The prime minister is to announce his plans at a meeting with police chiefs, judges and prison officers on Monday.
Downing Street officials said he wanted to “improve the criminal justice system and make sure criminals are serving the time they are sentenced to”, following controversies over the automatic release of prisoners including a grooming gang leader halfway through their sentences.
Robert Buckland QC, the new justice secretary, suggested new prisons could be built “so we can keep criminals behind bars”.
“The prime minister is putting prisons at the heart of our bold plan to create a justice system which cuts crime and protects law-abiding people,” he added.
“More and better prison places means less reoffending and a lower burden on the taxpayer in the future.
“Boris’s vision for policing shows this government is serious about fighting crime. It is vital we have a world-leading prison estate to keep criminals off our streets and turn them into law-abiding citizens when they have paid their debt to society.”
The move will be seen as a push to shore up support for Mr Johnson’s new government following the announcement of 20,000 more police officers and funding for the NHS.
There has been speculation that a snap general election could be called if MPs force a vote of no confidence in the prime minister over a no-deal Brexit.
The Conservatives previously pledged to create 10,000 more places in several new jails but only one – HMP Berwyn – has been completed and construction did not start on a second prison until June.
There was no immediate comment from the Ministry of Justice, which just three weeks ago released research indicating that short prison sentences were driving up reoffending that costs the UK £18bn a year.
Days before losing his post as justice secretary, David Gauke appealed for the next prime minister to “follow the evidence” rather than appeal to populist rhetoric on crime and punishment.
“I don’t want to see softer justice – I want to deliver smarter justice where offenders serve sentences that punish but also make them less likely to reoffend,” he said last month.
Mr Gauke had called for “ineffective” prison sentences of under six months to be abolished in favour of community orders and substance misuse programmes that address the root causes of people’s offending.
The plans, which were welcomed by penal researchers and advocacy groups, are to be scrapped by Mr Johnson.
During the Conservative leadership campaign, he called for offenders given prison sentences of 14 years or more to remain inside for the entire term, rather than being released on licence halfway through.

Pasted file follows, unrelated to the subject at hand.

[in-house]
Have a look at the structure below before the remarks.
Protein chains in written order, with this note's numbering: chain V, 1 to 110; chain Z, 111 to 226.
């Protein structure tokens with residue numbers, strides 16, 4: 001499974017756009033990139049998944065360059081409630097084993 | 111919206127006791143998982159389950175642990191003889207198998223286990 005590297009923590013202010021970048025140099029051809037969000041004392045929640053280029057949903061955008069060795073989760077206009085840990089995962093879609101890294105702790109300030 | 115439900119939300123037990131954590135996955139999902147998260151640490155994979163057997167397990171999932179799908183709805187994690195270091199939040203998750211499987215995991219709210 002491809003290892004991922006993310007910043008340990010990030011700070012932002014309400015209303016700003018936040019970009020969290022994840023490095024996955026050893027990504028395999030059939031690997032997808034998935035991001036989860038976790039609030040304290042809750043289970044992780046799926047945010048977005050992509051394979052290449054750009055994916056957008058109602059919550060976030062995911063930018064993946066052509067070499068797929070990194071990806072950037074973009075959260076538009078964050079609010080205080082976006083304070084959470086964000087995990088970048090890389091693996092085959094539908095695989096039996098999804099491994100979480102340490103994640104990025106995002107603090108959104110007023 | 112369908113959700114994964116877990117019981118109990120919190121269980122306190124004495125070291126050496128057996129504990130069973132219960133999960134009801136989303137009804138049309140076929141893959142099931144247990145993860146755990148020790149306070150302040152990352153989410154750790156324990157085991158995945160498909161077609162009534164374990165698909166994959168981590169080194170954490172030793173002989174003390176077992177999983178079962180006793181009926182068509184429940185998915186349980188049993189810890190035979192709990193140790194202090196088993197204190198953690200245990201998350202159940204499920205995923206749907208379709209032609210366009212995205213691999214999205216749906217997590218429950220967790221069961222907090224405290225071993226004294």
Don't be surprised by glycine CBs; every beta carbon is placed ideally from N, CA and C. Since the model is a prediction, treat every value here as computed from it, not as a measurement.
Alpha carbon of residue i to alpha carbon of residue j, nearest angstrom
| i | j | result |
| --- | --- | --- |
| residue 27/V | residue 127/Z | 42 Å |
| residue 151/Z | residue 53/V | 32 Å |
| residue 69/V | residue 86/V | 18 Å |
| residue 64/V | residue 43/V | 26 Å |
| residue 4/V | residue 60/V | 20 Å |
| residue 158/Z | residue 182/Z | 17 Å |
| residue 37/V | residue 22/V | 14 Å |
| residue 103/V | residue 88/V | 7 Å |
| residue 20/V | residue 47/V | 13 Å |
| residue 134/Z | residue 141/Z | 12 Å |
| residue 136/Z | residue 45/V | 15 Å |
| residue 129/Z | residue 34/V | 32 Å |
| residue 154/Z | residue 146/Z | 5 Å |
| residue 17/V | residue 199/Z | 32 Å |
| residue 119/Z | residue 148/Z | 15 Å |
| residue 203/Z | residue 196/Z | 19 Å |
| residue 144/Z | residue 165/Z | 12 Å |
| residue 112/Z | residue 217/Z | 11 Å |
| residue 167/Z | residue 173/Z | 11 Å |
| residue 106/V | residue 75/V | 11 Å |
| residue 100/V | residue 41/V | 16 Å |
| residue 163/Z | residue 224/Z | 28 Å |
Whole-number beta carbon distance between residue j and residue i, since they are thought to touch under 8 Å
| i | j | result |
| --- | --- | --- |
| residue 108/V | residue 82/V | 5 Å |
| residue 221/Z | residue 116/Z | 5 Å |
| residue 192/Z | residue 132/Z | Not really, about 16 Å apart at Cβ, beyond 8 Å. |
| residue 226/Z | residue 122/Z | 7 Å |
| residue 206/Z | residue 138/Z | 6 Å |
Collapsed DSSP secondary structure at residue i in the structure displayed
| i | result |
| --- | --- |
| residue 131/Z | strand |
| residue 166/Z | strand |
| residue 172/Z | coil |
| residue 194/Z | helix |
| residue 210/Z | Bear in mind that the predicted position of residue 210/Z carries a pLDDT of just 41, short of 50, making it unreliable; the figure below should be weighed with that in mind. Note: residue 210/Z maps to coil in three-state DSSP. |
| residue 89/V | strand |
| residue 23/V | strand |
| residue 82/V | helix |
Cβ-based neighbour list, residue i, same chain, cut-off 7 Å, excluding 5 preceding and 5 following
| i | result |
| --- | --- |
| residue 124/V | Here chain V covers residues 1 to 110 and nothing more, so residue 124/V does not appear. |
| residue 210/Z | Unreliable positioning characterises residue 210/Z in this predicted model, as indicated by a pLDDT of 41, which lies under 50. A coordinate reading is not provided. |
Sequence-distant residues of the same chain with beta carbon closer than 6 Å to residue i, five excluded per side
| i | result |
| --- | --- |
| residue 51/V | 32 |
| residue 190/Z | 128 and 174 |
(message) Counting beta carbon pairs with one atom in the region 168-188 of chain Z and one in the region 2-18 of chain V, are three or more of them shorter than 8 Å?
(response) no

The change would dramatically increase demand on prisons in England and Wales, which are currently filled to 95 per cent of their operational capacity.
An annual report released by HM chief inspector of prisons last month cited overcrowding and squalid conditions as one driver of rising violence and self-harm, but also called for an effective drug strategy, improved rehabilitation, better planning for release and purposeful activity for inmates.
“At present ‘overcrowding’ in prisons is assessed by the prison service based on how many prisoners can be crammed into the available cells,” said HM chief inspector Peter Clarke.
“Perhaps we should think about describing prisons as being overcrowded if, among other things, there are not enough meaningful education or work places for the prisoners being held in them.”
Downing Street acknowledged that prisons need a “greater emphasis on rehabilitation” and training but did not detail plans to provide it.
The Prison Reform Trust warned that government had historically underestimated the difficulties in removing or replacing old prisons.
Director Peter Dawson said: “According to the prison service’s own figures it would take 9,000 new spaces just to eliminate overcrowding – not a single dilapidated prison could be taken out of use before that figure was reached.
“Current projections suggest a further 3,000 new spaces will be needed just to absorb sentences already passed, and we know the aggressive rhetoric of ‘prison works’ invariably drives up the use of imprisonment long before the capacity to deal with that has been created.
“Half-baked policy on prisons always runs up against inconvenient reality. Tough rhetoric is no substitute for understanding the evidence. ”
Frances Crook, CEO of the Howard League for Penal Reform, called the construction of new prisons “an exercise in ego and reputation” and a “gross squandering of taxpayers’ money”.
She said prison governors and officers described managing men on sentences longer than 20 years “an impossible challenge”, adding: “Sentence inflation is now out of control.”
Christina Marriott, chief executive of the Revolving Doors Agency, said short prison sentences “create more crime and more victims”.
She added: “The prime minister says he wants to take tough action on crime, but for effective action, he must listen to the evidence including, that from the Ministry of Justice.”
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